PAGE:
## concurrence

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• Dear colleagues! Let given the triangle ABC. A1B1C1 is the circumcevian triangle of its centroid, A2, B2, C2 --- the second common points of its circumcircle
Message 1 of 4 , Mar 1 3:30 AM
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Dear colleagues!
Let given the triangle ABC. A1B1C1 is the circumcevian triangle of its
centroid, A2, B2, C2 --- the second common points of its circumcircle and
three lines passing through its vertex and parallel to opposite sidelines
(i.e. A2B2C2 is the orthotriangle of antimedial triangle). Then A1A2, B1B2
and C1C2 concur. Its common point X is in the Euler line of ABC and the
polar of X wrt the circumcircle is the trypolar of the point isotomic
conjugated to the Lemoine point of ABC.
What is the number of X in ETC?

Sincerely Alexey

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• ... its ... circumcircle and ... sidelines ... A1A2, B1B2 ... the ... isotomic ... Dear Alexey, The answer is 22 (the tripolar of the isotomic conjugate of
Message 2 of 4 , Mar 1 4:20 AM
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--- In Hyacinthos@yahoogroups.com, "Alexey.A.Zaslavsky" <zasl@...>
wrote:
>
> Dear colleagues!
> Let given the triangle ABC. A1B1C1 is the circumcevian triangle of
its
> centroid, A2, B2, C2 --- the second common points of its
circumcircle and
> three lines passing through its vertex and parallel to opposite
sidelines
> (i.e. A2B2C2 is the orthotriangle of antimedial triangle). Then
A1A2, B1B2
> and C1C2 concur. Its common point X is in the Euler line of ABC and
the
> polar of X wrt the circumcircle is the trypolar of the point
isotomic
> conjugated to the Lemoine point of ABC.
> What is the number of X in ETC?
>

Dear Alexey,

(the tripolar of the isotomic conjugate of Lemoine Point is the
de Longchamps Line. This meets the Euler Line at X(858). The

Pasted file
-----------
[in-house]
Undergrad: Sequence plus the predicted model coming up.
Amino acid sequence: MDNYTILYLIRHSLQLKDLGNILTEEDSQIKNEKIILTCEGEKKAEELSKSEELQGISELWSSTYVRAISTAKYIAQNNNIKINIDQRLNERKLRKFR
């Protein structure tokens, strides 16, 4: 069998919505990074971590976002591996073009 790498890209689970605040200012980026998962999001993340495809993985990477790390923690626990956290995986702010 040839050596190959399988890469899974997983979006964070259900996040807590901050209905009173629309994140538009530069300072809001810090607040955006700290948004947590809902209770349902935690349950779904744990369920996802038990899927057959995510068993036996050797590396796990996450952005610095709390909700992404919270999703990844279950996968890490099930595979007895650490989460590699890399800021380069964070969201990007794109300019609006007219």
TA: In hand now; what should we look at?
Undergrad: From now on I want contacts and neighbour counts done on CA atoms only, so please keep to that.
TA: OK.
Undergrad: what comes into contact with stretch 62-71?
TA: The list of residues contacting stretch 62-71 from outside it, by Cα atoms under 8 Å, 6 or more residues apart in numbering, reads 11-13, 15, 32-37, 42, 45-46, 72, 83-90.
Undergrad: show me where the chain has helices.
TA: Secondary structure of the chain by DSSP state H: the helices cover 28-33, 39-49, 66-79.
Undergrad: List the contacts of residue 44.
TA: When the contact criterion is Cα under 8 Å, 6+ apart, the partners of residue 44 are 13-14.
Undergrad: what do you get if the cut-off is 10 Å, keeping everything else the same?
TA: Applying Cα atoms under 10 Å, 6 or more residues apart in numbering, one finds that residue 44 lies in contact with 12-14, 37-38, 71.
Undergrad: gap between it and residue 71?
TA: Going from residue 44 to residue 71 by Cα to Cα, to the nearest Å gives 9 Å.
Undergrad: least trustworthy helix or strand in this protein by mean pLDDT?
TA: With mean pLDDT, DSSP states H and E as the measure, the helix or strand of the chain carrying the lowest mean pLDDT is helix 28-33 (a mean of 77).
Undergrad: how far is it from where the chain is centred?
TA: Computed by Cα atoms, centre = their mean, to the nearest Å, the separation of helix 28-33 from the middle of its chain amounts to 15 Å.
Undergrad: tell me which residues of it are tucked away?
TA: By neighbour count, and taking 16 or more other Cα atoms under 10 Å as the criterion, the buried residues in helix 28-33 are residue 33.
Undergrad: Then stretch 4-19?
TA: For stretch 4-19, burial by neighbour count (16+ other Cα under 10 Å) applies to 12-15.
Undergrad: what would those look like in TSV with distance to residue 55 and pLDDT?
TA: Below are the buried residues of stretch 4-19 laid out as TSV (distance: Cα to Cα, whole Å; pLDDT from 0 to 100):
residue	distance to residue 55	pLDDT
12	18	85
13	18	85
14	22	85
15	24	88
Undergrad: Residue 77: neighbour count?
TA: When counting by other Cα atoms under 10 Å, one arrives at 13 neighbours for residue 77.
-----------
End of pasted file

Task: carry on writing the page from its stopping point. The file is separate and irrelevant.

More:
inverse in the Circumcircle of this is the point you want, and
it is X(22) from ETC)

regards

Wilson
• ... of ... and ... And if this is true we should be able to write: p=N[x22]; q=N[x4]; g[u_,v_,w_]:= (p-u)/Conjugate[p-u] (q-u)/Conjugate[q-u] T[u_,v_,w_]:=
Message 3 of 4 , Mar 1 4:39 AM
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--- In Hyacinthos@yahoogroups.com, "Wilson Stothers" <wws@...> wrote:
>
> --- In Hyacinthos@yahoogroups.com, "Alexey.A.Zaslavsky" <zasl@>
> wrote:
> >
> > Dear colleagues!
> > Let given the triangle ABC. A1B1C1 is the circumcevian triangle
of
> its
> > centroid, A2, B2, C2 --- the second common points of its
> circumcircle and
> > three lines passing through its vertex and parallel to opposite
> sidelines
> > (i.e. A2B2C2 is the orthotriangle of antimedial triangle). Then
> A1A2, B1B2
> > and C1C2 concur. Its common point X is in the Euler line of ABC
and
> the
> > polar of X wrt the circumcircle is the trypolar of the point
> isotomic
> > conjugated to the Lemoine point of ABC.
> > What is the number of X in ETC?
> >
>
> Dear Alexey,
>
>
> (the tripolar of the isotomic conjugate of Lemoine Point is the
> de Longchamps Line. This meets the Euler Line at X(858). The
> inverse in the Circumcircle of this is the point you want, and
> it is X(22) from ETC)
>
> regards
>
> Wilson
>

And if this is true we should be able to write:

p=N[x22];
q=N[x4];

g[u_,v_,w_]:= (p-u)/Conjugate[p-u] (q-u)/Conjugate[q-u]

T[u_,v_,w_]:= (g[v,w,u] - g[w,u,v])

k=1;
M[u_,v_,w_]:= (v-w)^k

f[n_,u_,v_,w_]:= (M[w,u,v] T[v,w,u] w + n M[v,u,w] T[w,u,v] v)/
(M[w,u,v] T[v,w,u] + n M[v,u,w] T[w,u,v])

d1[u_,v_,w_]:=1;

pp1=Chop[N[f[d1[z1,z2,z3],z1,z2,z3],12],10^-6]
pp2=Chop[N[f[d1[z2,z3,z1],z2,z3,z1],12],10^-6]
pp3=Chop[N[f[d1[z3,z1,z2],z3,z1,z2],12],10^-6]

Sincerely, Jeff
• Please disregard, this does nothing but give the inverse in the circumcircle ______________________________________________ And if this is true we should be
Message 4 of 4 , Mar 1 5:35 AM
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this does nothing but give the inverse in the circumcircle

______________________________________________

And if this is true we should be able to write:

p=N[x22];
q=N[x4];

g[u_,v_,w_]:= (p-u)/Conjugate[p-u] (q-u)/Conjugate[q-u]

T[u_,v_,w_]:= (g[v,w,u] - g[w,u,v])

k=1;
M[u_,v_,w_]:= (v-w)^k

f[n_,u_,v_,w_]:= (M[w,u,v] T[v,w,u] w + n M[v,u,w] T[w,u,v] v)/
(M[w,u,v] T[v,w,u] + n M[v,u,w] T[w,u,v])

d1[u_,v_,w_]:=1;

pp1=Chop[N[f[d1[z1,z2,z3],z1,z2,z3],12],10^-6]
pp2=Chop[N[f[d1[z2,z3,z1],z2,z3,z1],12],10^-6]
pp3=Chop[N[f[d1[z3,z1,z2],z3,z1,z2],12],10^-6]